Protesters disrupted a mayoral forum Tuesday night, shouting at Councilman Greg Brockhouse (D6) and carrying posters decrying domestic violence. One woman yelled, “We read the report!”
Brockhouse supporters drowned out her voice: “Clear her out! Clear her out!”
The crowd at Travis Park Church grew tense and vocal as Brockhouse again denied domestic violence allegations contained in a pair of police reports, indicating the mayoral race’s recent contentious turn. Around 400 people attended the forum hosted by the Rivard Report and Travis Park Church, where both candidates fielded questions – in separate sessions – about transportation, homelessness, and Chick-fil-A.
Domestic violence has become an issue in the mayoral runoff, even as Brockhouse continues to defend himself, accusing Mayor Ron Nirenberg’s campaign of using “personal slander” as a political tool.
At a Rivard Report forum held in April, Brockhouse had avoided discussing two police reports in which he was the subject of domestic violence allegations, in 2006 and 2009. He was never arrested or charged in either alleged incident.
“It’s absolutely false,” he said Tuesday of the allegations. “ … I have been consistent that these accusations are false.”
Brockhouse promised to commit “full funding” to addressing domestic violence if elected. He also read a statement from his wife, Annalisa, following the publication of what the San Antonio Express-News said was a copy of the 2009 police report filed when a police officer responded to the Brockhouse home for a domestic violence call. Brockhouse has denied being involved in such an incident.
“I have never been a victim before, but Ron Nirenberg has made he me feel like one with his constant attacks on my character, my family and my husband,” Brockhouse read on behalf of his wife. Annalisa sat in the audience, watching her husband.
Senior Reporter Iris Dimmick, who moderated the event with Travis Park Church Associate Pastor Gavin Rogers, asked Brockhouse if he had the 2009 police report expunged. The San Antonio Police Department has said the 2009 report didn’t exist in City records.
“No,” he said. “The report is false.”
As the shouting grew louder from protesters inside the church and with Brockhouse supporters shouting back, Brockhouse thrust his hands forward.
“You wanted to hear me speak,” he said. “Now I’m speaking. Now you need to listen.”
Brockhouse answered questions posed by the moderators and audience members for nearly an hour.
Nirenberg’s turn came next. He said that a public figure’s private life can become relevant, especially when running for office.
“I think it’s fair to question someone’s ability to manage themselves,” Nirenberg said. “It’s fair to question someone’s moral fiber when you’re vying to lead a city of a million and a half people.”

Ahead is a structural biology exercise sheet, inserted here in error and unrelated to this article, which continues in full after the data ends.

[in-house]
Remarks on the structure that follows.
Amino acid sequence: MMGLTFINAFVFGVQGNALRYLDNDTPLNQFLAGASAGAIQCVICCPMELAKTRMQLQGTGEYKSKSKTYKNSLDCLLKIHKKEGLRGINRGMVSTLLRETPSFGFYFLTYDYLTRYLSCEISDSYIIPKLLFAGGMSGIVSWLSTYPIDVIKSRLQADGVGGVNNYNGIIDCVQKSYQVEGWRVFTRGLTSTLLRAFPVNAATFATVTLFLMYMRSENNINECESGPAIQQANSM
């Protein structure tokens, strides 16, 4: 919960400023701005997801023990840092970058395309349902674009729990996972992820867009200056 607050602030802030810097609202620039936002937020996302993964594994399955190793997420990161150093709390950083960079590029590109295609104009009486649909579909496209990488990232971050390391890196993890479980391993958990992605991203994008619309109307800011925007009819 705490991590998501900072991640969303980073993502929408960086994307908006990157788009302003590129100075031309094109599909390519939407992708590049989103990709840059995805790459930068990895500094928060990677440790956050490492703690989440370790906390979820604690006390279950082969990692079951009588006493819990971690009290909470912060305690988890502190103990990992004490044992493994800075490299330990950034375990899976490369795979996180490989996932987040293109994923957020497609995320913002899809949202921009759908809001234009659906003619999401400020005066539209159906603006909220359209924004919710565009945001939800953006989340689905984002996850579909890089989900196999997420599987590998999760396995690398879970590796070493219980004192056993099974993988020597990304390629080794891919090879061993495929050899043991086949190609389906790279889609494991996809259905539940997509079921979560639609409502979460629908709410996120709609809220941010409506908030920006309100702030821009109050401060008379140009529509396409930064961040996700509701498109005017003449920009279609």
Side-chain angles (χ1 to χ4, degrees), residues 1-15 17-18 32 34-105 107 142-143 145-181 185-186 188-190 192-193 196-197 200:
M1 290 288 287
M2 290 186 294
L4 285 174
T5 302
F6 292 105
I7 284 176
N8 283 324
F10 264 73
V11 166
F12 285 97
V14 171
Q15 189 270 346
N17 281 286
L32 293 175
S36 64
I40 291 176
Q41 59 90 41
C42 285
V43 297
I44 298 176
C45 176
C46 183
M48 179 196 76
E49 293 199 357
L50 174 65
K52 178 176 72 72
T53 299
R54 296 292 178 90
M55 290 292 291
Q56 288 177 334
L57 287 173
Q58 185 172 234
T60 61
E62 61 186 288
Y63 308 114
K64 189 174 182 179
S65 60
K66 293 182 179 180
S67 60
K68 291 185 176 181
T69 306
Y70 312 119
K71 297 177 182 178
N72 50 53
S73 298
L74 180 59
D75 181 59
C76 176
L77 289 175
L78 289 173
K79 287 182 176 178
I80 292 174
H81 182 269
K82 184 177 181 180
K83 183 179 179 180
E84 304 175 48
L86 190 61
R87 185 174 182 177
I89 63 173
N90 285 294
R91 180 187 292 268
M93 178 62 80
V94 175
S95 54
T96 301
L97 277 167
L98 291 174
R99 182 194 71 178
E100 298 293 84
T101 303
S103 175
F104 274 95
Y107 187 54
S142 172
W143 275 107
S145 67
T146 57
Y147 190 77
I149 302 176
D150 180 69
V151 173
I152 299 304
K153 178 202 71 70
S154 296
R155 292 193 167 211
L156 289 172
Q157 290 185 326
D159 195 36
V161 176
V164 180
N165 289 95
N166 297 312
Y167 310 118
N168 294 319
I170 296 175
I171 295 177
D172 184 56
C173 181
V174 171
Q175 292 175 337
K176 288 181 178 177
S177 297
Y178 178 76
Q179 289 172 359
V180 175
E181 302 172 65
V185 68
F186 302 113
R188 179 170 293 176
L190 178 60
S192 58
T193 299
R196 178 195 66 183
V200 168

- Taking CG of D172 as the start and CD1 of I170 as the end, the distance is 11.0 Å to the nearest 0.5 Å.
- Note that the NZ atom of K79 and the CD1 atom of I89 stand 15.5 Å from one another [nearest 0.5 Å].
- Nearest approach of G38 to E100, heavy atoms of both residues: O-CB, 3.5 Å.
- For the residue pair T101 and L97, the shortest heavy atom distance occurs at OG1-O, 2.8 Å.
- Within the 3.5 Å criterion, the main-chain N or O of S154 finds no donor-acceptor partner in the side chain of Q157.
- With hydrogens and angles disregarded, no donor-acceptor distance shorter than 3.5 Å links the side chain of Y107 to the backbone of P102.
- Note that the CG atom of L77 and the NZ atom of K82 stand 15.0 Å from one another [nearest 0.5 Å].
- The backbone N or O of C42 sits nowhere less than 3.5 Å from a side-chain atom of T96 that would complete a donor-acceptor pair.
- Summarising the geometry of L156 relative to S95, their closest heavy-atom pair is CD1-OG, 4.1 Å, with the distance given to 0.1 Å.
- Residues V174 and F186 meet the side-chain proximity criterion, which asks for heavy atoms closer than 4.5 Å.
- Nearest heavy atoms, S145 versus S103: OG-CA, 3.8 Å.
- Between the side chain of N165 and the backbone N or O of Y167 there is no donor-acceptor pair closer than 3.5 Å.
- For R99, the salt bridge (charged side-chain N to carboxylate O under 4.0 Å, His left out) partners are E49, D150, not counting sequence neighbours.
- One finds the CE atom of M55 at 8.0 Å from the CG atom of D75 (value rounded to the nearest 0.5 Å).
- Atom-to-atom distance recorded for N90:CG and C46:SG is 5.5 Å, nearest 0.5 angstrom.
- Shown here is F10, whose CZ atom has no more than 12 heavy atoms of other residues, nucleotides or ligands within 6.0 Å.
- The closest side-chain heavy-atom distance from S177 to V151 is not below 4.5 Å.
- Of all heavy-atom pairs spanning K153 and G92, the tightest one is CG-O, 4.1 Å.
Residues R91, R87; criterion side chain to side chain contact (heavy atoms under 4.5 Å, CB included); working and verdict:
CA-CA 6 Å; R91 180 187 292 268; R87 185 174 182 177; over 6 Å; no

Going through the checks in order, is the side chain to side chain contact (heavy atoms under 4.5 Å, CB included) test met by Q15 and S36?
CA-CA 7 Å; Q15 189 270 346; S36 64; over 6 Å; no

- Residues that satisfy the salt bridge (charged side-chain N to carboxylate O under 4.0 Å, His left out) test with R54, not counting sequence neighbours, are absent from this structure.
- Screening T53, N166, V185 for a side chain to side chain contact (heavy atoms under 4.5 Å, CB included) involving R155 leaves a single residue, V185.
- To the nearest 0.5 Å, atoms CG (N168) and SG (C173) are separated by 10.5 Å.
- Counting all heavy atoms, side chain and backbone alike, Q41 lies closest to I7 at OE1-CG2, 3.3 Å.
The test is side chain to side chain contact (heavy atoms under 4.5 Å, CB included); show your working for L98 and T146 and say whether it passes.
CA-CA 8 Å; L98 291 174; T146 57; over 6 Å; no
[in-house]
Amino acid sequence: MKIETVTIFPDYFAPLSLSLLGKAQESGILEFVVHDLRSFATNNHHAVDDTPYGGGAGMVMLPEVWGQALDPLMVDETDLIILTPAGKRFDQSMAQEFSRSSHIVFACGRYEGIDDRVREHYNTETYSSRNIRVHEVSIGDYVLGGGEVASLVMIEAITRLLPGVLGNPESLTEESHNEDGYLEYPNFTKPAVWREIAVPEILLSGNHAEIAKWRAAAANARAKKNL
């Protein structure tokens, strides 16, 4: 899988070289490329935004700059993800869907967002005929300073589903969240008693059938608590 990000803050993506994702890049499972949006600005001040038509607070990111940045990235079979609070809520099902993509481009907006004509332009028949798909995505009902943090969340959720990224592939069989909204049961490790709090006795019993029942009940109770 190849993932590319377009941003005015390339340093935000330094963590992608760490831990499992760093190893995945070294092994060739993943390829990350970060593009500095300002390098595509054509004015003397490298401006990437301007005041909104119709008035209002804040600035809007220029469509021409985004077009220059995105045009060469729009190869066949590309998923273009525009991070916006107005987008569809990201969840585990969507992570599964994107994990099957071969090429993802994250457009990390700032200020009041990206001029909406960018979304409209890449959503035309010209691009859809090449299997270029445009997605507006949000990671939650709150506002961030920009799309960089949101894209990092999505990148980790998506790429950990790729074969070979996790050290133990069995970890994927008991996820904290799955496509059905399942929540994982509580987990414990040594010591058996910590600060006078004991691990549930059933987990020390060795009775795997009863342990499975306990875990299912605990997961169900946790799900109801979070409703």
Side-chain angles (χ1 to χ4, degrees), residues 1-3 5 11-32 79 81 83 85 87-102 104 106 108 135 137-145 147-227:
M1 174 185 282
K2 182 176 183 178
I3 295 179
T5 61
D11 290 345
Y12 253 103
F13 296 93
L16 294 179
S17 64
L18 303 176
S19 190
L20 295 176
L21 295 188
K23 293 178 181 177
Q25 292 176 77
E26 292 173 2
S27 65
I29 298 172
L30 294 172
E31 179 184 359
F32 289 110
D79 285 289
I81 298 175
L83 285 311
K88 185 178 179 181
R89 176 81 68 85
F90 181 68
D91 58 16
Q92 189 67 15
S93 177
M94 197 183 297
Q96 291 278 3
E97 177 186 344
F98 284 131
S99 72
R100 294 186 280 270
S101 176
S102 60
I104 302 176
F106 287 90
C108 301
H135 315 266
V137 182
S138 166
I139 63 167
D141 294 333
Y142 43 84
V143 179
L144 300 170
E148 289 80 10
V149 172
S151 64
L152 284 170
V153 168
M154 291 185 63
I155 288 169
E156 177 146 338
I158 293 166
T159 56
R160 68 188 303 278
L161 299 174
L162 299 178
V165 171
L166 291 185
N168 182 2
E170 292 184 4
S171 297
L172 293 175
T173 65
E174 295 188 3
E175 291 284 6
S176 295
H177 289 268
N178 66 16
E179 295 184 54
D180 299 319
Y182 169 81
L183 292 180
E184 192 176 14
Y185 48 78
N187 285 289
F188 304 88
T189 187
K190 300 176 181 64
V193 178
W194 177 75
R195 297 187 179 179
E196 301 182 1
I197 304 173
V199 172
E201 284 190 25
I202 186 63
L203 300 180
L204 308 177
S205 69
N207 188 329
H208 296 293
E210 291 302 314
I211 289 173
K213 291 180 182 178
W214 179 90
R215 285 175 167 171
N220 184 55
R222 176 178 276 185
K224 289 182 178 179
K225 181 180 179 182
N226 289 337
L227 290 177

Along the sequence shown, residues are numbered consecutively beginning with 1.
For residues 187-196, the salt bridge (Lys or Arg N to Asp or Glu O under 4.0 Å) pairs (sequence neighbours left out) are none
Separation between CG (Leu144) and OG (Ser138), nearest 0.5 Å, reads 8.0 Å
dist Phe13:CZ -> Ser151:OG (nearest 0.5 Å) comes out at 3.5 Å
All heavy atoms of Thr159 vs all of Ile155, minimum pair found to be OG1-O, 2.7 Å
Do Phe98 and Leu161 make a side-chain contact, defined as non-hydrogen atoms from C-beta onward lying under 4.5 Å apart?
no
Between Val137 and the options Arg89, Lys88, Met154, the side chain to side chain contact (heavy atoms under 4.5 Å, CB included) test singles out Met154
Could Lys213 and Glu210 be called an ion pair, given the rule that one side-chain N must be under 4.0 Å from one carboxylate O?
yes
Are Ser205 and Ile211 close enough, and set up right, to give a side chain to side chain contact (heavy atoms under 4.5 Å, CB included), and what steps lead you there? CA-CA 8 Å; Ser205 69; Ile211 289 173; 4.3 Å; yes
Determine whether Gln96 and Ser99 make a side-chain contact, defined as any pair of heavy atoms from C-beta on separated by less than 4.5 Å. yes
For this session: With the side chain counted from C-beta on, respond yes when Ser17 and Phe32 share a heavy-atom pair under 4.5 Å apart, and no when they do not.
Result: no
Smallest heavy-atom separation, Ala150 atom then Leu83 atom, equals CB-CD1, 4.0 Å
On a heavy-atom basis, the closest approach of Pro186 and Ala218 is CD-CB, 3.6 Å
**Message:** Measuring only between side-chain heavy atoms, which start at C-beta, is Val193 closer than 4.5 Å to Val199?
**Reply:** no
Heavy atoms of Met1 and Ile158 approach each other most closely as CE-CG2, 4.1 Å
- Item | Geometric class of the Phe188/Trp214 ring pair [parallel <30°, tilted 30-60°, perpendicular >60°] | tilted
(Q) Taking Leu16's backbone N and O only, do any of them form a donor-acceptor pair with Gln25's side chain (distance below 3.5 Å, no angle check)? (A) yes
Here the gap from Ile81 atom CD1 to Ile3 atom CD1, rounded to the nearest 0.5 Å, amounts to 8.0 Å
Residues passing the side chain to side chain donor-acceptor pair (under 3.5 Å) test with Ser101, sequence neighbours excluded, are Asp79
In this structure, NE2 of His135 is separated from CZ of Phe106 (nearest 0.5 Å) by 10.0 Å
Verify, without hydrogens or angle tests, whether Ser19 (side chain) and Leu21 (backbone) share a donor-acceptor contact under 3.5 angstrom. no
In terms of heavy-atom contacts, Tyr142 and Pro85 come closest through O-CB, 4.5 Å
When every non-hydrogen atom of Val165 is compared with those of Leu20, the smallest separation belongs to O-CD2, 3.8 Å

Nirenberg defended his record as mayor, responding to one of Brockhouse’s most-repeated campaign lines: that he has accomplished little in his two-year term. Nirenberg pointed to ConnectSA, a comprehensive multimodal transportation plan that he intends to bring to the voters to approve. He said he does not support diverting money from the Edwards Aquifer Protection Program and from funds for creating linear creekway parks.
Brockhouse said he would shelve both ConnectSA and the Climate Action and Adaptation Plan if elected. His solution to solving transportation woes in San Antonio lies in the hands of VIA Metropolitan Transit, he said.
“VIA has received less than half of the major transit authorities in Texas,” Brockhouse said. “We have to increase that … VIA is the answer for me. We have to increase that funding, find the mechanisms to make that happen.”
Both he and Nirenberg said they would continue to help fund nonprofit efforts to support asylum seekers passing through San Antonio, even if the federal government was unable to provide reimbursement. City Council recently approved up to $141,000 to go toward Catholic Charities and other organizations in San Antonio who provide food, shelter, and other services to migrants.
“Our job is not to ask, ‘When do we get ours back?’ It is, ‘What we can do to help?’” Nirenberg said. “This is a very small portion of funding that is being matched.by the private sector and being quadrupled by other nonprofits pitching in their time. … We’re not in the position to say let’s wait until the check cashes to give somebody food. We can’t do that.”
Brockhouse said he understands concerns from community members, but stressed that the migrants traveling through San Antonio are legally seeking asylum.
“The scary part for people is how long it’ll last, how much it’ll cost,” Brockhouse said. That doesn’t help any of [the migrants]. They’re here lawfully. They’re asylum seekers here lawfully.”
Brockhouse dismissed concerns that his relationship with the firefighters union would give the union the upper hand in contract negotiations. The union returned to the negotiating table with the City after five years of no discussion.
“My commitment is solid,” he said. “The taxpayer comes first and we will balance that accordingly. Public safety is job one, period. We need to make sure [firefighters] are compensated and taken care of.”
Brockhouse said he also wants to address San Antonio’s problem with homelessness by helping Haven for Hope develop a sustainable funding model, and to bring in more faith communities to tackle homelessness in San Antonio. Nirenberg said understanding the root causes of homelessness is key to helping those who struggle with it.
“If you talk to these folks and learn their stories, it is highly correlated with incidents of mental [illness], domestic violence, to substance abuse – all of these contribute to homelessness,” he said.